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Stifle Trauma In The Equine Athlete

Updated: Jan 25, 2023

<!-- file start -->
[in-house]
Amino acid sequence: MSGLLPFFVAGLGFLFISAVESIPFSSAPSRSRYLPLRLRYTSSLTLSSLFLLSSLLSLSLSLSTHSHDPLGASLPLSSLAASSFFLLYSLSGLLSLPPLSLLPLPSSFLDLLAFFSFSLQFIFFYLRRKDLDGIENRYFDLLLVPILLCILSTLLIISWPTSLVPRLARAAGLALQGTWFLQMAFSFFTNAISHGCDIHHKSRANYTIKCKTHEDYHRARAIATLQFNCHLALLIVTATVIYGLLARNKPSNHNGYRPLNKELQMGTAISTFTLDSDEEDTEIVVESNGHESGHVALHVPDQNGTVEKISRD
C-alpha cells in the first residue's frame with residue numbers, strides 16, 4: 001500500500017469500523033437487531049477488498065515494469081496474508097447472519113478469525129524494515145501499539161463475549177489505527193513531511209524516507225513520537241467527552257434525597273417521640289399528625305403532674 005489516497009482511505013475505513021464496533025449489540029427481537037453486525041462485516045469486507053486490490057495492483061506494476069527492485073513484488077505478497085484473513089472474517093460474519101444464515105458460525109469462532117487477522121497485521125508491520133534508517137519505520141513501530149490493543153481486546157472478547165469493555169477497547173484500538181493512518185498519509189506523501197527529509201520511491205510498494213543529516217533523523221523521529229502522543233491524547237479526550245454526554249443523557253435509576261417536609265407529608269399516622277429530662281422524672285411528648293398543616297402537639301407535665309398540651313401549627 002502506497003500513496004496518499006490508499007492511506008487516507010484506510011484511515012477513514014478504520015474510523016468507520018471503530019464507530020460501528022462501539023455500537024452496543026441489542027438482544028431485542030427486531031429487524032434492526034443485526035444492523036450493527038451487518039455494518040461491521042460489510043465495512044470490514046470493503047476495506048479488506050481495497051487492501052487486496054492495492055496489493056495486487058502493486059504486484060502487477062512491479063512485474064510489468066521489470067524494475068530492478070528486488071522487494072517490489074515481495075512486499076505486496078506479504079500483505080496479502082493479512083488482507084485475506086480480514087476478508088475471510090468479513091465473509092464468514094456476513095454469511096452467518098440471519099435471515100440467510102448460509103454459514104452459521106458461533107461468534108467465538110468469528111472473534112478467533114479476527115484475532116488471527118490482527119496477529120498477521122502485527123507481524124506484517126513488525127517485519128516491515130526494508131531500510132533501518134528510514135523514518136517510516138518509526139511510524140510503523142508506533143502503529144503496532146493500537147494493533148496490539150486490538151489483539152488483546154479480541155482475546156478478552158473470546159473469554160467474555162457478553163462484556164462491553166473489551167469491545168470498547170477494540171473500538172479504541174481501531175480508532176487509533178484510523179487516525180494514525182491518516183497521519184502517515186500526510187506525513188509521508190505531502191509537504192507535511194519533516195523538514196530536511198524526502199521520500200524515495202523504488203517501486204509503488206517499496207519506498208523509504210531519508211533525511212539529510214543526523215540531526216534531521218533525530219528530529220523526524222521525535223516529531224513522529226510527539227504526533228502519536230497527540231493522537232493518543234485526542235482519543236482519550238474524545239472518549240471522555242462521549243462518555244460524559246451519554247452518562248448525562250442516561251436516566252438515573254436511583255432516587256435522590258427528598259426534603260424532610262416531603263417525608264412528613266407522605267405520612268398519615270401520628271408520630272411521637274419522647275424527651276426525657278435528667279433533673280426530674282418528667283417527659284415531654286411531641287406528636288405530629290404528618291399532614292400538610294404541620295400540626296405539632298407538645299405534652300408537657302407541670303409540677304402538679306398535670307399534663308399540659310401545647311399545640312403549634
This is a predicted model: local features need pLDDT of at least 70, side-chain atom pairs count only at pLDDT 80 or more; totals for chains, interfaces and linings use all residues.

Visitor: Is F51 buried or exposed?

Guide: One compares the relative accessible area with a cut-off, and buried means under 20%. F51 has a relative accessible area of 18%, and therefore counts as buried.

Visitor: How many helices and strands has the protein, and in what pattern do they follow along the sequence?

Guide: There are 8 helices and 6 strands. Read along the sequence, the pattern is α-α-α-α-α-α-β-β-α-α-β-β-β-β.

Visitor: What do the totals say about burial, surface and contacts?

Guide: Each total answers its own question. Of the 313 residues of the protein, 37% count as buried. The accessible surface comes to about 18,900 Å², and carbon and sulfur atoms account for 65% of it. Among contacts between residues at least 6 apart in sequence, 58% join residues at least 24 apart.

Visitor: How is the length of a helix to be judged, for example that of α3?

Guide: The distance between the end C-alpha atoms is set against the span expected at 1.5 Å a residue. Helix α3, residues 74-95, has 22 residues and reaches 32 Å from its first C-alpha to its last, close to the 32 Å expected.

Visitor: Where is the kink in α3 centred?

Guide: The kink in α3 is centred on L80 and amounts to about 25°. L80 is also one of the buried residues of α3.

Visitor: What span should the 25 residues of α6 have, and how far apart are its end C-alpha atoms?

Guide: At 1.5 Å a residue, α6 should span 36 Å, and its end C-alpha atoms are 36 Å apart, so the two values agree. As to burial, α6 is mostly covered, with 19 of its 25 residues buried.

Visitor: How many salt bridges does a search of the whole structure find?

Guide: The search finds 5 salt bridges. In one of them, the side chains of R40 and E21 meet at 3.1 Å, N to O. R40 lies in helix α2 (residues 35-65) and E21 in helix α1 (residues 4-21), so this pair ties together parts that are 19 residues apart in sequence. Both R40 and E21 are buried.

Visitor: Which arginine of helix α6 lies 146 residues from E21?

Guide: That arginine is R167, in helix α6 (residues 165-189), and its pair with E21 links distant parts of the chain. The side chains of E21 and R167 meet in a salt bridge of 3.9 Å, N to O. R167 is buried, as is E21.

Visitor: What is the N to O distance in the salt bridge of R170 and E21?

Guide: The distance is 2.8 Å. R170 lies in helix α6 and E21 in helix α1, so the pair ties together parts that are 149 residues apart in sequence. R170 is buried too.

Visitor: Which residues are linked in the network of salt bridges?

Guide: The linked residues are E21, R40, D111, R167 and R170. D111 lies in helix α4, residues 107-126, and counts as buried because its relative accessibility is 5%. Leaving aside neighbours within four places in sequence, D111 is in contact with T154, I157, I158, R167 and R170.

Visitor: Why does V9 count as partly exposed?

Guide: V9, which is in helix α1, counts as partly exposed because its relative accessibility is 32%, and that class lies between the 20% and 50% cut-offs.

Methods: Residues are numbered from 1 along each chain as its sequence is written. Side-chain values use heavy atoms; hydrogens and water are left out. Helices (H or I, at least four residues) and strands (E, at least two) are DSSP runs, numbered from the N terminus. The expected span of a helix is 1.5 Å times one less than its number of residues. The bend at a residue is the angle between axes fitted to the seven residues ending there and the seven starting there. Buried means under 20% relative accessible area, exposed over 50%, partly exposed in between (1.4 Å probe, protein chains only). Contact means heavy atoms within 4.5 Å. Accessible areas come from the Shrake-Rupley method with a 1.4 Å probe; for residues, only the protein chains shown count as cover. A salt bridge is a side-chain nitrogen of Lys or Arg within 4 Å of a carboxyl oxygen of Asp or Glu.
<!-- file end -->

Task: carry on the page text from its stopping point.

Stifle injuries (bruising, fractures, meniscal and ligament tears), common in event horses, can often be successfully treated. The paucity of soft tissues on the cranial aspect of the stifle makes it injury prone. A horse with a stifle injury stands with the stifle partially flexed and with weight on the toe. Swelling tends to increase with severity, but bruising alone can cause severe lameness. Ice, laser, and nonsteroidal anti-inflammatory therapy often resolve trauma pain within 24 hours. Further diagnostic techniques, including radiography and ultrasonography, are indicated if no improvement is seen within 24 hours. Lacerations, no matter how small, may involve tendon sheaths. Fractures on the proximal aspect of the tibial crest respond well to rest for 4 weeks and inactivity for 3-6 months. If displaced, fragment removal or internal fixation may be necessary. Other serious fractures can be found from different radiographic views ( skyline view/flexed lateromedial view ) to determine a diagnosis. Prognosis is usually good with these types of injuries.

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